Friday, July 1, 2016

Jottings: slice of life -22

Jottings: slice of life -22
It’s a great mystery on how we fragment, apportion our love to different people at different times in our lives. We ensure our boundaries of affection are clear, at least, our upbringing indoctrinates us to believe they are very clear. Between Husband and wife, friend and lover, friend and family, sons and daughters – the lines are firmly drawn. Even if our instincts deep down propels us to cross those limits, we are tied down. I call it mysterious because these fences are fictitious, thought made and have no real basis biologically or otherwise; and our desperate attempt to stick to them like leech to skin seems so incongruous and stressful. There is no way in the world we can control what we feel. The idiom “be true to yourself” is the greatest lie propagated. Because, if each one of us were to be so, society as we know it wouldn’t exist. Now what else would take its place. We don’t know. We can only conjecture, but all of us would like to believe that there will be chaos. Well, that’s a good way to find solace in fictions we so tortuously love. Creation of made fiction is a unique development in our evolutionary history. Not only are we the only ones capable of creating such powerful psychological thought structures, which more or less govern the way we live; but somehow we get lost in its meandering pathways. The many genuine moments of our lives often decay in the slime of these fictions. Who defines I cannot love anybody else like a husband or wife. Who defines it is incorrect not to feel sexually, emotionally attracted to another. Who defines I must not “overstep” boundaries of affection? And if I happen to feel the need to do so (which most of us do, if we are honest with ourselves), then what do I do. Sweep it under the carpet, and act as if everything is alright. Is it not self-duplicity to hide behind fiction, when raw facts stare at us on the face? I am not for a moment even suggesting that we throw every social convention to the winds, and live with gay abandon. But do we have right perspective on it? Is it not equally important to live true to oneself at some point in one's life? Fiction does have a place in human understanding. Nobody questions its utility. But when it starts governing Man’s inner psyche, we run into problems. Science needs ideation and adequate fiction, without which, we cannot attempt to grasp it's working; but when the fluidity of life itself - its passions, its instincts, it's emotions are jettisoned within artificially erected fences, we are then attempting to subvert the reality of our being and living life according to fictions we have blindly inherited or adopted. All psychological conflicts of modern man can be traced to what he genuinely feels within and what he thinks (fictions) he should live by. In 2015, Professor Yuval Noah Harari taught an online course (MOOC) which subsequently was published as a best-selling book titled “Sapiens: A brief history of Mankind”, in which, he beautifully points out how our fictions have aided in our material progress from an instinctual ape to an astronaut, but at the same time, the price we have paid for this progress is almost a complete disintegration of our inner self. Ideas about nations, corporations, tribes, Gods, love, sex, success, compassion have taken over the living reality it represents. And therein lies the struggle of modern man.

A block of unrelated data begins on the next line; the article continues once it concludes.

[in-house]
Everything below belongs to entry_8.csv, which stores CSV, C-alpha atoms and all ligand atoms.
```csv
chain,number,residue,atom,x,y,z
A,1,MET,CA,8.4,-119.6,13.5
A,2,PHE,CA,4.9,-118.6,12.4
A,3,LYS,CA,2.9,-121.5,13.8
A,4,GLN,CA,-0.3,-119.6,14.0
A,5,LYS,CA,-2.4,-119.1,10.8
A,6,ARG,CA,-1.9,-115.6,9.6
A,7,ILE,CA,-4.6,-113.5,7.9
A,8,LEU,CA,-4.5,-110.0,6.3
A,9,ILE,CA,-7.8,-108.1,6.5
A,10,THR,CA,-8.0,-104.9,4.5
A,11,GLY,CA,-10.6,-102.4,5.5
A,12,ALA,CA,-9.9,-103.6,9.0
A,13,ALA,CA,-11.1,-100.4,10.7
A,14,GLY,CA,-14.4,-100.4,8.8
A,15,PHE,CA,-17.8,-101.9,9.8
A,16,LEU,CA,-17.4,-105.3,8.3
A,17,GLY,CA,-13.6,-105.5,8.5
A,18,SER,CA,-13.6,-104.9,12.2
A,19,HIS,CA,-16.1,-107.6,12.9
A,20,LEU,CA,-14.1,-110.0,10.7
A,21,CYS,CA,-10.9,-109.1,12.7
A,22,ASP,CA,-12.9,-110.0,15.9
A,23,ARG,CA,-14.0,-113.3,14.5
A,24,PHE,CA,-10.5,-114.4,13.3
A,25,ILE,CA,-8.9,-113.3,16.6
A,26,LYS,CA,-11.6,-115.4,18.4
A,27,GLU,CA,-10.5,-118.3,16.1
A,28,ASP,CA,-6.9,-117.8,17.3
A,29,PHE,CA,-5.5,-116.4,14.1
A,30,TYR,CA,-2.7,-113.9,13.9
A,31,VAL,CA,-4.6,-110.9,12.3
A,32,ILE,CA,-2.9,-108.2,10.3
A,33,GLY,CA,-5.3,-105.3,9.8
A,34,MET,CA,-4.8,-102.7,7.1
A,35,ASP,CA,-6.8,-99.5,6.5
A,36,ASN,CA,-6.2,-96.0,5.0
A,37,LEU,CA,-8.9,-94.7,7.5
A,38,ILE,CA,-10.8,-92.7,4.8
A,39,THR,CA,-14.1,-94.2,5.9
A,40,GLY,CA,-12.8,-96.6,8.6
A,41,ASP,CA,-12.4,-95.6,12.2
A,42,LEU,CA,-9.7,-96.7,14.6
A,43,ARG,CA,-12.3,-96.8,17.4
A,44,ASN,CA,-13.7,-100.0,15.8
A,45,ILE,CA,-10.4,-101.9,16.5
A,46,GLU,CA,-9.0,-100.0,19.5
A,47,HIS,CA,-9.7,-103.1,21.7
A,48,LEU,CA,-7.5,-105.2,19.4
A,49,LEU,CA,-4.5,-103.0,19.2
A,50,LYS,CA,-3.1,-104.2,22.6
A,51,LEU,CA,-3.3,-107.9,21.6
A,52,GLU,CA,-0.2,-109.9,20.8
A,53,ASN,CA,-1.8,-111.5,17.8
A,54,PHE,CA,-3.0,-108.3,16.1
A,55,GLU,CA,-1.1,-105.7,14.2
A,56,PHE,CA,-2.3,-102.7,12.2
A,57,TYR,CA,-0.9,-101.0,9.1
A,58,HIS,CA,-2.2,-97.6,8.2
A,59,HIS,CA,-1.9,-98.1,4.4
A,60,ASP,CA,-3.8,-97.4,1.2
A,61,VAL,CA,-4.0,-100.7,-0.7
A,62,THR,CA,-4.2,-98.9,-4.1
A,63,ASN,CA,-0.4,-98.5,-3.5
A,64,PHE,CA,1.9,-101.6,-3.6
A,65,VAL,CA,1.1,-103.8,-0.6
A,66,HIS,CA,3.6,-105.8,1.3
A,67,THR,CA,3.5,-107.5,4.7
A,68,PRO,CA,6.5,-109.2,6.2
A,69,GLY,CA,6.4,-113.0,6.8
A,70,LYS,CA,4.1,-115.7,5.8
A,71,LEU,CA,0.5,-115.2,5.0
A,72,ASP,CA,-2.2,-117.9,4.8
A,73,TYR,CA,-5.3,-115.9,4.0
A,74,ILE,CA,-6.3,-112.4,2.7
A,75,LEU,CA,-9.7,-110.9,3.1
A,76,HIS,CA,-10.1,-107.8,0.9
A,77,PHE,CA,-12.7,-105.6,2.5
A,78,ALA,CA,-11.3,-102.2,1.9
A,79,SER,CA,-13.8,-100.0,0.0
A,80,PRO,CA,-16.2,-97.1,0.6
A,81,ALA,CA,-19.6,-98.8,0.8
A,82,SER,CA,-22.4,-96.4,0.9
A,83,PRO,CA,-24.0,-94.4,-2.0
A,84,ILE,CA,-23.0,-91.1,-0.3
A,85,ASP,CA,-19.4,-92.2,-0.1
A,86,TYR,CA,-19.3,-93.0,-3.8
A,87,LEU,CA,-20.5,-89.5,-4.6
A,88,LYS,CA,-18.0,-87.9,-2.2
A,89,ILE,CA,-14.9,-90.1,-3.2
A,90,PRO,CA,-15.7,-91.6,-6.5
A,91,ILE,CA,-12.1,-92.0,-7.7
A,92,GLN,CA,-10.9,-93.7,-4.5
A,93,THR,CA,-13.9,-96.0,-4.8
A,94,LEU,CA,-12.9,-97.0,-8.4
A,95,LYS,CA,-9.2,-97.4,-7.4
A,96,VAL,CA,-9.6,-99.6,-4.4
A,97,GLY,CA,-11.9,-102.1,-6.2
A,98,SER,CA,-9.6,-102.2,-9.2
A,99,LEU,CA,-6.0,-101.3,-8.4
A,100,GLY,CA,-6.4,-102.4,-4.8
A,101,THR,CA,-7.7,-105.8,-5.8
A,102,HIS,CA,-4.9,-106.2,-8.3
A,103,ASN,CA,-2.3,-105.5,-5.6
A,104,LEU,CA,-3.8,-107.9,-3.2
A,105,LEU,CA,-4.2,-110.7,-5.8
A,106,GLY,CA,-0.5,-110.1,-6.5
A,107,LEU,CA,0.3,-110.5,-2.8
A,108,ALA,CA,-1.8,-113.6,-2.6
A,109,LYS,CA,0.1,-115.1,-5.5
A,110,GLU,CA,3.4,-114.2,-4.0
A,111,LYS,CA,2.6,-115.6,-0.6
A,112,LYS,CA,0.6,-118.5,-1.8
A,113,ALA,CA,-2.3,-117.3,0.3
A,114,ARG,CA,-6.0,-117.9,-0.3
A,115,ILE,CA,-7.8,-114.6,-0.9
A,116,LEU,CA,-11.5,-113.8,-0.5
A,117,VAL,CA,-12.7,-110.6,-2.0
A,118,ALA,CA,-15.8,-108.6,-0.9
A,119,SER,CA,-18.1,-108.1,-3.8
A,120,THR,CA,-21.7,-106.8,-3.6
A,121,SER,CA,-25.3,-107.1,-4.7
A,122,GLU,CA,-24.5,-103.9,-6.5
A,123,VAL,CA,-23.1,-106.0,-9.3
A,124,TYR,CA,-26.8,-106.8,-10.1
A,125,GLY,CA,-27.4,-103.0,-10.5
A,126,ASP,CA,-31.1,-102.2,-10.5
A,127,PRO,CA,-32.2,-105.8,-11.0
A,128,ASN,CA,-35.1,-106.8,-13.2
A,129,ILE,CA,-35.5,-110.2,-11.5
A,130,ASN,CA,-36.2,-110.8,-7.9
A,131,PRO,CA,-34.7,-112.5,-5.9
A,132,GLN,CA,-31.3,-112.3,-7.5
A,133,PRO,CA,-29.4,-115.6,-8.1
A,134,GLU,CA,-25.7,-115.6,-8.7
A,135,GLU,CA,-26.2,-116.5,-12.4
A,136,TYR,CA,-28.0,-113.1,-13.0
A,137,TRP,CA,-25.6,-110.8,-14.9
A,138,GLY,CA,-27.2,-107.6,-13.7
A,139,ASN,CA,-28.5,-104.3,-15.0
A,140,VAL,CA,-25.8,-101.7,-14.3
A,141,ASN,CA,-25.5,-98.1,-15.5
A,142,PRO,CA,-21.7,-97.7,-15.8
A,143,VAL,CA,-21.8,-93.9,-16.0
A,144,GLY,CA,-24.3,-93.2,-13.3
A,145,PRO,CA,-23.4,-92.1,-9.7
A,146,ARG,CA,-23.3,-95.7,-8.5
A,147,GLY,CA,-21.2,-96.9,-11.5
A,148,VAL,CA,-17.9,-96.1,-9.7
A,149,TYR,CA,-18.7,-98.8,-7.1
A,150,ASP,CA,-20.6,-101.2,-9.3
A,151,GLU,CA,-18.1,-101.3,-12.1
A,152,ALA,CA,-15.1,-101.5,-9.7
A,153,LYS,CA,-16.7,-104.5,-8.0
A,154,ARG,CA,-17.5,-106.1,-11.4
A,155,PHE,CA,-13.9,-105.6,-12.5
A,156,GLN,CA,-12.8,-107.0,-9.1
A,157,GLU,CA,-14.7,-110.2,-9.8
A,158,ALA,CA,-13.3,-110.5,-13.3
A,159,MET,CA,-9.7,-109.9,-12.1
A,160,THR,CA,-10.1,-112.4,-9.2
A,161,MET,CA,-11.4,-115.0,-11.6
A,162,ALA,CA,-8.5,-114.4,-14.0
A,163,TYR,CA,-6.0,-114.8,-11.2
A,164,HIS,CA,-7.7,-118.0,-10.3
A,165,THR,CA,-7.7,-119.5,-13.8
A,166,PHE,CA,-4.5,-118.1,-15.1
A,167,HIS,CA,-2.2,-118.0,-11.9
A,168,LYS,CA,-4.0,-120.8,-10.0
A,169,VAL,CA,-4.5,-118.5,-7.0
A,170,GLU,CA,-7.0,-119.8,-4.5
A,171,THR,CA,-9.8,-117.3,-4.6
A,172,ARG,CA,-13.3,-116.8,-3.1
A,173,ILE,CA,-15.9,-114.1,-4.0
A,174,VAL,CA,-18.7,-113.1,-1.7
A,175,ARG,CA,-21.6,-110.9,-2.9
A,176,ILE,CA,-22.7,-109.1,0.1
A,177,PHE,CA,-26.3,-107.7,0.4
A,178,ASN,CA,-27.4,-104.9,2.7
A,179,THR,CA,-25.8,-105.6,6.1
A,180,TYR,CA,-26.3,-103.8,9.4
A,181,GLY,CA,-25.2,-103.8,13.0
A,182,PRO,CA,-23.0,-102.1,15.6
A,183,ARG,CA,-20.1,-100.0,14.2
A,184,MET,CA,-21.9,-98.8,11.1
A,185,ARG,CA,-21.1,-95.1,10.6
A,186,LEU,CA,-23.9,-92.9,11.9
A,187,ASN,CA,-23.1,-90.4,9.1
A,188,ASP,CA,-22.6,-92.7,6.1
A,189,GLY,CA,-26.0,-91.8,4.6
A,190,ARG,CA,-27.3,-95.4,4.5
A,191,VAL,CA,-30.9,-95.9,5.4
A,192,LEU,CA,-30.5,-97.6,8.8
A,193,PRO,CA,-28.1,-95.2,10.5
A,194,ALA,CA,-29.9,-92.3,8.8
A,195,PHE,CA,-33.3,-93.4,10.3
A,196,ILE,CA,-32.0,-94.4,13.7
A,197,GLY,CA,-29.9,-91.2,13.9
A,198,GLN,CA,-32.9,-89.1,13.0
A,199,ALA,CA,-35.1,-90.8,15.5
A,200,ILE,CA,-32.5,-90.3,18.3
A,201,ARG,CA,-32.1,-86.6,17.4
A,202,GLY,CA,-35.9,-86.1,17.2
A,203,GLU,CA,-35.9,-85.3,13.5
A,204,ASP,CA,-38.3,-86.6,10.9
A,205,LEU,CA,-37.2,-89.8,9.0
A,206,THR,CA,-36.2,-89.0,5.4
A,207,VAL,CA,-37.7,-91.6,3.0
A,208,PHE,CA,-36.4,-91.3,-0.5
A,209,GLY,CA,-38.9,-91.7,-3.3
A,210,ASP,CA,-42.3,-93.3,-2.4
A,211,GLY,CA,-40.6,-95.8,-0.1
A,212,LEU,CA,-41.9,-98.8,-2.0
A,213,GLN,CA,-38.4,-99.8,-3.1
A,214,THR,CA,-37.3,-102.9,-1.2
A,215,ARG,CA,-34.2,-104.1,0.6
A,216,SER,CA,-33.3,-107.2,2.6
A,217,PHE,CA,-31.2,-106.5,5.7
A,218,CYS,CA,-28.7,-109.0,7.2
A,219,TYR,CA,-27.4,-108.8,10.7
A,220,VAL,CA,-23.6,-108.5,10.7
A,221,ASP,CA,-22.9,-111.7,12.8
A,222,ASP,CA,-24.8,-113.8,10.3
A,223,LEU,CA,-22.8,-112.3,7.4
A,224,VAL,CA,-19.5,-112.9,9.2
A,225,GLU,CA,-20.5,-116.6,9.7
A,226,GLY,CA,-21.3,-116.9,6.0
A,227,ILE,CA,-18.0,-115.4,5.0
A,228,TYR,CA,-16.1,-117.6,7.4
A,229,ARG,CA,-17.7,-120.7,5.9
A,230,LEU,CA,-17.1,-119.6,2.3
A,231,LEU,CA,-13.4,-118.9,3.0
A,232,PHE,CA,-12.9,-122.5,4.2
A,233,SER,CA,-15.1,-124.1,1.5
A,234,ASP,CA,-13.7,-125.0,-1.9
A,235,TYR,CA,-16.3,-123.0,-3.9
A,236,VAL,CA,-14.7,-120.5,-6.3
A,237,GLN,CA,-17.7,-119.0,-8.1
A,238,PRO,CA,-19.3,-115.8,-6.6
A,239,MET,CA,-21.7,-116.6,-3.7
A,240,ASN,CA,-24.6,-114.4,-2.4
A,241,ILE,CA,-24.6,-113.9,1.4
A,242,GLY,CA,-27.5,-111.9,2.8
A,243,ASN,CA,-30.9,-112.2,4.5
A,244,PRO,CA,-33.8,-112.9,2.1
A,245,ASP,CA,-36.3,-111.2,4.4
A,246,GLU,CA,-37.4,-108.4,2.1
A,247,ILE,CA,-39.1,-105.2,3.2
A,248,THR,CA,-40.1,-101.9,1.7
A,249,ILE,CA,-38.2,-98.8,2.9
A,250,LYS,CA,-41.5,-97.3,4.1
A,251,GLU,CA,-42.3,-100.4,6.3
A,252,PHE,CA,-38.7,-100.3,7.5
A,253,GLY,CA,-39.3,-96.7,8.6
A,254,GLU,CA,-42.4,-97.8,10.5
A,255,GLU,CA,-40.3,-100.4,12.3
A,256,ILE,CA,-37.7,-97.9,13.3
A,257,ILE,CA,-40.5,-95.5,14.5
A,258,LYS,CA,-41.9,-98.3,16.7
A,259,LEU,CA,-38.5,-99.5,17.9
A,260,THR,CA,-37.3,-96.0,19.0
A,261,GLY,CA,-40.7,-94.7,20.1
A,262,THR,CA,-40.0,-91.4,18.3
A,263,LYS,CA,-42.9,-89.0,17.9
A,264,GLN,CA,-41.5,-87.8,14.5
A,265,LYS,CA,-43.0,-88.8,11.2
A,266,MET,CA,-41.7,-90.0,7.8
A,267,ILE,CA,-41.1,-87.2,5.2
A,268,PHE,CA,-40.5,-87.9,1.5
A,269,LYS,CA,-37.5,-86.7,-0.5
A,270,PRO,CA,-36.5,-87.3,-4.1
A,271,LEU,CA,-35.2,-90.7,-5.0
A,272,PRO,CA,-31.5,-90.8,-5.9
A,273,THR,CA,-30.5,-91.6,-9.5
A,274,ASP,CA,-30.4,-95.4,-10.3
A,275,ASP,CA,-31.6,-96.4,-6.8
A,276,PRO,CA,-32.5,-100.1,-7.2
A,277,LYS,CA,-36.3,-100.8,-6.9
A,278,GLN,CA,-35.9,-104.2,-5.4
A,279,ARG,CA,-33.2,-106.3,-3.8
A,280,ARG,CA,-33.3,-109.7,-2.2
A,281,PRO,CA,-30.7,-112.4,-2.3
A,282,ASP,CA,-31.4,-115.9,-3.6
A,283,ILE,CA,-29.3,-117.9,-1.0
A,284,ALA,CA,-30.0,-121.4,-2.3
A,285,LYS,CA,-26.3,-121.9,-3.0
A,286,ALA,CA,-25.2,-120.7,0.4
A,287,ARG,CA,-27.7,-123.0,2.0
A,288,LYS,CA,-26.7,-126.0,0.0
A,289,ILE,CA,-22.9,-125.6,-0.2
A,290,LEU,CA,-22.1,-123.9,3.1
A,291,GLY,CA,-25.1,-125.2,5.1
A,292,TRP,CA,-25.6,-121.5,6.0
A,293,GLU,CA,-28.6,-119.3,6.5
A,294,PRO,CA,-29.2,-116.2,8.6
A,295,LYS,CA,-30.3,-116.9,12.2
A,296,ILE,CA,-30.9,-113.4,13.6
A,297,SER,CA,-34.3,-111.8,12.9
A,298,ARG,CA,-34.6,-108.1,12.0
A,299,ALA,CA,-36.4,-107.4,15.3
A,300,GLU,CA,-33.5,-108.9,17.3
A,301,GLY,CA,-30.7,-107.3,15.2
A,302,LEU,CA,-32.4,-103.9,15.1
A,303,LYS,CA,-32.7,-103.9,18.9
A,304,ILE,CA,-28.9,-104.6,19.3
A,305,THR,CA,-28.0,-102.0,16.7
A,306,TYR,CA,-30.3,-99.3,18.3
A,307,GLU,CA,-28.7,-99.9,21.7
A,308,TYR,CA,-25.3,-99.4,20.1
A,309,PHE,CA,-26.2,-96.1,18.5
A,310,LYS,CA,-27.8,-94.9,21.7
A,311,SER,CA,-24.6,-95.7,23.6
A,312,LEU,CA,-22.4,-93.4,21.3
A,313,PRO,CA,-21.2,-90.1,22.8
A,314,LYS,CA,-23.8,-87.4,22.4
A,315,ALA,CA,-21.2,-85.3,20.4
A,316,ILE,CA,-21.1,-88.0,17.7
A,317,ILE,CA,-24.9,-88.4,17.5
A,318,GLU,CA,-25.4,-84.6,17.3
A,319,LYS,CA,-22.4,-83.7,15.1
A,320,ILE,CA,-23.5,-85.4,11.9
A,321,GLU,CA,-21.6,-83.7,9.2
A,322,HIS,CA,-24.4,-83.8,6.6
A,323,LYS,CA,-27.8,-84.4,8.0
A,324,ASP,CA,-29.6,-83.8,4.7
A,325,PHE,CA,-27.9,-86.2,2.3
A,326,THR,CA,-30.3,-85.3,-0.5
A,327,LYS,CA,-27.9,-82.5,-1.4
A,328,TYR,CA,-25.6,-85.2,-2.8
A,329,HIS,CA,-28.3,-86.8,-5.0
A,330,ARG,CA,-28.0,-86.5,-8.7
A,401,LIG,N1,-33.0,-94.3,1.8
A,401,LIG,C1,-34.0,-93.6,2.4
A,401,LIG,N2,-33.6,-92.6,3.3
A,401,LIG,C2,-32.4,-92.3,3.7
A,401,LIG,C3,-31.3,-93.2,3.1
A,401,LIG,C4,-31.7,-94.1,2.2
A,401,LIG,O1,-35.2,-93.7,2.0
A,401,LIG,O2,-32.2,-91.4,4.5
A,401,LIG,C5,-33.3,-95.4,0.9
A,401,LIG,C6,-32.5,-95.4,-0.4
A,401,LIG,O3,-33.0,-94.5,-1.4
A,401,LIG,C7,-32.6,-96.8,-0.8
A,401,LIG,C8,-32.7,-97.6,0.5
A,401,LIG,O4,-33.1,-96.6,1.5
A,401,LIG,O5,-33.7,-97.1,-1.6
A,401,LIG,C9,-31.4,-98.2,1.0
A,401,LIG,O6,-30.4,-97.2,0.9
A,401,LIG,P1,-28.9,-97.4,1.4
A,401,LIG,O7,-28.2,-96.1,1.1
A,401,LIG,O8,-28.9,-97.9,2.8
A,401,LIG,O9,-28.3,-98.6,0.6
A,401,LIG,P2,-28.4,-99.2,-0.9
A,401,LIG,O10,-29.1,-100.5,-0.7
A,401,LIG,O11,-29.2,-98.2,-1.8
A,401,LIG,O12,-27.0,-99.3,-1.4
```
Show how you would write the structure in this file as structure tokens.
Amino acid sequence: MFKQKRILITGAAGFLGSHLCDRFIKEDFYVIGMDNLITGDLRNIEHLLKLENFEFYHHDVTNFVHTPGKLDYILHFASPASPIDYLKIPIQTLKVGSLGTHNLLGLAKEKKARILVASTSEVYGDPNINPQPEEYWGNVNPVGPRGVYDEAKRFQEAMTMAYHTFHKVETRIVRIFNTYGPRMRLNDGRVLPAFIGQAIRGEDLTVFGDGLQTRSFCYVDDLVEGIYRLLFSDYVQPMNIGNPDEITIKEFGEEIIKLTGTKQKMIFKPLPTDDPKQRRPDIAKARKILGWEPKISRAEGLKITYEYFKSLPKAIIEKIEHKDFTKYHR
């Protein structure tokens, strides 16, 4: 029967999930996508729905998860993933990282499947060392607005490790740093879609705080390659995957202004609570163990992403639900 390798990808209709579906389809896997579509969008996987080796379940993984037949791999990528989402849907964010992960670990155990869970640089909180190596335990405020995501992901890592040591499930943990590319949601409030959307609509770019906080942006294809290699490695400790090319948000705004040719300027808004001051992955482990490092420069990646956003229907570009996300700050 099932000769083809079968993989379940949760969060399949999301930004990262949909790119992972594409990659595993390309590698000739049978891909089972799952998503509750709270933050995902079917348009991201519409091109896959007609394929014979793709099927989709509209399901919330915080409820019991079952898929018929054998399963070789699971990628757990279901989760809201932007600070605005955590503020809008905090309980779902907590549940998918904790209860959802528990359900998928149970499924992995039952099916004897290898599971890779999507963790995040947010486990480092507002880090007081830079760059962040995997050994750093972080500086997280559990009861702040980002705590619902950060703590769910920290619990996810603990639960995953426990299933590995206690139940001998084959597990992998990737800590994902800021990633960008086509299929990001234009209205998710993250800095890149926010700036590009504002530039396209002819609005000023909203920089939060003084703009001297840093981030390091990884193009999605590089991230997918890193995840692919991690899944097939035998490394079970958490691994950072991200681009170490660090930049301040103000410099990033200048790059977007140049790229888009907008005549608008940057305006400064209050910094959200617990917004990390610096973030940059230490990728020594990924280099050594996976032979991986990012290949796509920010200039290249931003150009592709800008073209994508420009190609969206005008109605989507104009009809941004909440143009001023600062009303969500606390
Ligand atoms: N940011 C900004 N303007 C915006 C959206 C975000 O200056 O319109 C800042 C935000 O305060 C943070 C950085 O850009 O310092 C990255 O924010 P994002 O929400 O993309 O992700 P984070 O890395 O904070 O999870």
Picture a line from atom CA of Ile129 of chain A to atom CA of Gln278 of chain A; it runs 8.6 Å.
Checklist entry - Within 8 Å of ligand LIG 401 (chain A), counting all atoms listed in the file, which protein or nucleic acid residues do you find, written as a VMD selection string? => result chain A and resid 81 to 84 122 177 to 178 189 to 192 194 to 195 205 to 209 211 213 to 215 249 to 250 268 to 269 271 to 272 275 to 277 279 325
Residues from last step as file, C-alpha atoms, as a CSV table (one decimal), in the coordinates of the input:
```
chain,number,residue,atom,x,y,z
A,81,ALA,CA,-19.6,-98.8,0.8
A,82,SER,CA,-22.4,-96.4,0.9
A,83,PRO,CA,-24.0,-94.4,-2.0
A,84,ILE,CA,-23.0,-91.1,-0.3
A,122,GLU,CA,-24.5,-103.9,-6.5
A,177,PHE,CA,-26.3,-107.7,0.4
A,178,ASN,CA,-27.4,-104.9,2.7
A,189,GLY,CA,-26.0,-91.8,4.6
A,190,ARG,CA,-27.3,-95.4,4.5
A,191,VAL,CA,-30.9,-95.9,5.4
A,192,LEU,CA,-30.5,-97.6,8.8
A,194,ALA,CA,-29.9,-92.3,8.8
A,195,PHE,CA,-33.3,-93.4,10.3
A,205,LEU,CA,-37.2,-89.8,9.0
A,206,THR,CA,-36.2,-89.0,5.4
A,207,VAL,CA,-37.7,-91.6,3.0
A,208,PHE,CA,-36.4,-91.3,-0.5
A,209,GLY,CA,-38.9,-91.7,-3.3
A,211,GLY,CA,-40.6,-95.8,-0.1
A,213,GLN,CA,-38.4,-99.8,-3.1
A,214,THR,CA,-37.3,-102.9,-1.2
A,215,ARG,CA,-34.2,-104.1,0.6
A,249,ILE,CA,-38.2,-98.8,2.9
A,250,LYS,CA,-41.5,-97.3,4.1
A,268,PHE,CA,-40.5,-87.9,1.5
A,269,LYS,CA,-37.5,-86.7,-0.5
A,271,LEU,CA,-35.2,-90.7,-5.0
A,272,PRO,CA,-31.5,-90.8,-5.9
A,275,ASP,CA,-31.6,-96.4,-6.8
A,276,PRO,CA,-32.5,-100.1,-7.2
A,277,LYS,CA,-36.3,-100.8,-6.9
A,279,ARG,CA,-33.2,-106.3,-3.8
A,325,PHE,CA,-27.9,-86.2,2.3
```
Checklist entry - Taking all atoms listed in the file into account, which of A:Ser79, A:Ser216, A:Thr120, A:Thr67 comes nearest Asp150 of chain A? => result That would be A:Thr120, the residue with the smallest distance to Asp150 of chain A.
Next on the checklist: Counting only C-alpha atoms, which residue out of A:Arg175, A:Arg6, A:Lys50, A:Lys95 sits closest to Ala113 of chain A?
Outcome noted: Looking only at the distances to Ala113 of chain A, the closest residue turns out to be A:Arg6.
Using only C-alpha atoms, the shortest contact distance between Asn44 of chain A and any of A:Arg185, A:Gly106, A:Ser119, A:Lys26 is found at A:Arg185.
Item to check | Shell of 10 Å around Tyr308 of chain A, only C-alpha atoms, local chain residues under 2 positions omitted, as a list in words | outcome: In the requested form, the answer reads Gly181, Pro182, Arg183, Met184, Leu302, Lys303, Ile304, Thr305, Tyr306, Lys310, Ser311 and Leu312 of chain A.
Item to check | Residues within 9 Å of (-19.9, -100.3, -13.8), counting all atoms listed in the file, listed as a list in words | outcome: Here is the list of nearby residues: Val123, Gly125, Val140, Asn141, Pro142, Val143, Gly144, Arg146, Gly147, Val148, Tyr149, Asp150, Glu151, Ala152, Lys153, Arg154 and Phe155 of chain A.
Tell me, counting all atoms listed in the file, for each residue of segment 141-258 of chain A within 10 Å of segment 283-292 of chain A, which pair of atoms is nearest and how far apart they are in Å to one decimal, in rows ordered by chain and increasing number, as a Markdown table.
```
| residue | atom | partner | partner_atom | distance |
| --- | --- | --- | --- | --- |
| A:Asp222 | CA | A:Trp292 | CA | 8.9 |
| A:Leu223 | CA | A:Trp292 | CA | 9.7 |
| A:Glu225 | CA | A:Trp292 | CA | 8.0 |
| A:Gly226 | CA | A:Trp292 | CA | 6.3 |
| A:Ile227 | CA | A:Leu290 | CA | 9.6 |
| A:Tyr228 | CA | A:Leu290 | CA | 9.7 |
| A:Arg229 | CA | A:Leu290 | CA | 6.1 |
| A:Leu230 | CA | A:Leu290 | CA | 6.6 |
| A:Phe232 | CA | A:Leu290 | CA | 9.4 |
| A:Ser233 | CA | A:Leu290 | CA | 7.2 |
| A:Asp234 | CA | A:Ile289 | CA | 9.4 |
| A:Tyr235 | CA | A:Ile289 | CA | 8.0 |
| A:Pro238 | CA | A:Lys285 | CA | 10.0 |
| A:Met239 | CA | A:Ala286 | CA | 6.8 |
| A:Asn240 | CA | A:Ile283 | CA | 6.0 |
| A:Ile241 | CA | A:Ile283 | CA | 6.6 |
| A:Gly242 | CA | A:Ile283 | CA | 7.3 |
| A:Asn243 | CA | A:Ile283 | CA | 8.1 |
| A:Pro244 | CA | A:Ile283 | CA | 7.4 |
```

Arts have always dabbled with fiction. It has always had the freedom to push our boundaries of social conformance to its limits. That is probably the reason, we love controversial books, movies, drama and music. When DH Lawrence wrote about illicit physical love between land lady and her gardener, something ignited within us. It gave our feelings of lust a legitimacy which we don’t often find in world outside. Or when we watched or read “Bridges of Madison county”, we sympathize with the lonely lady who finds true love, solace in the arms of a complete stranger, or when Sharon stone crosses her legs during a police interrogation, we are shocked; our moral and ethical foundations are shaken; yet, surreptitiously, we admire her character’s brutal honesty, provocation and unbridled sensuality. What we don’t have the courage to face up to in reality finds its expression and transference to art forms. Perhaps, it is better that way. It is not for nothing that art is called the mirror of our souls.
I recently watched a wonderful Made for Television Movie titled “Strange affairs”. Low budget, starring Judith light; the movie captures a unique relationship between a husband and wife and her lover. All three live under the same roof with complete acceptance of each other’s relationship. When their initial reluctance to break conventional ties are overcome, then it becomes utterly natural. That a woman can love two men simultaneously without prejudice or disrespect to each other, and both men can engage in mature friendship with a tacit understanding of each other’s role and position, give equal respect to the woman they adore and love - is sensitively bought out in this tale. To my surprise, this movie was directed by Ted Kotcheff, the same man who directed “first Blood” - the first Rambo movie. Diametrically different films.
I guess, the point of this essay is simple. There are no equatorial lines dividing life into distinct compartments. It is only a fiction, and our modern issues of morality, customs and conventions are only true so long as we want them to be true. In Ernest Hemingway's words “… So far, about morals, I know only that what is moral is what you feel good after and what is immoral is what you feel bad after.”. A good enough yardstick for whatever one does, I guess.
God bless...
Yours in mortality,
Bala

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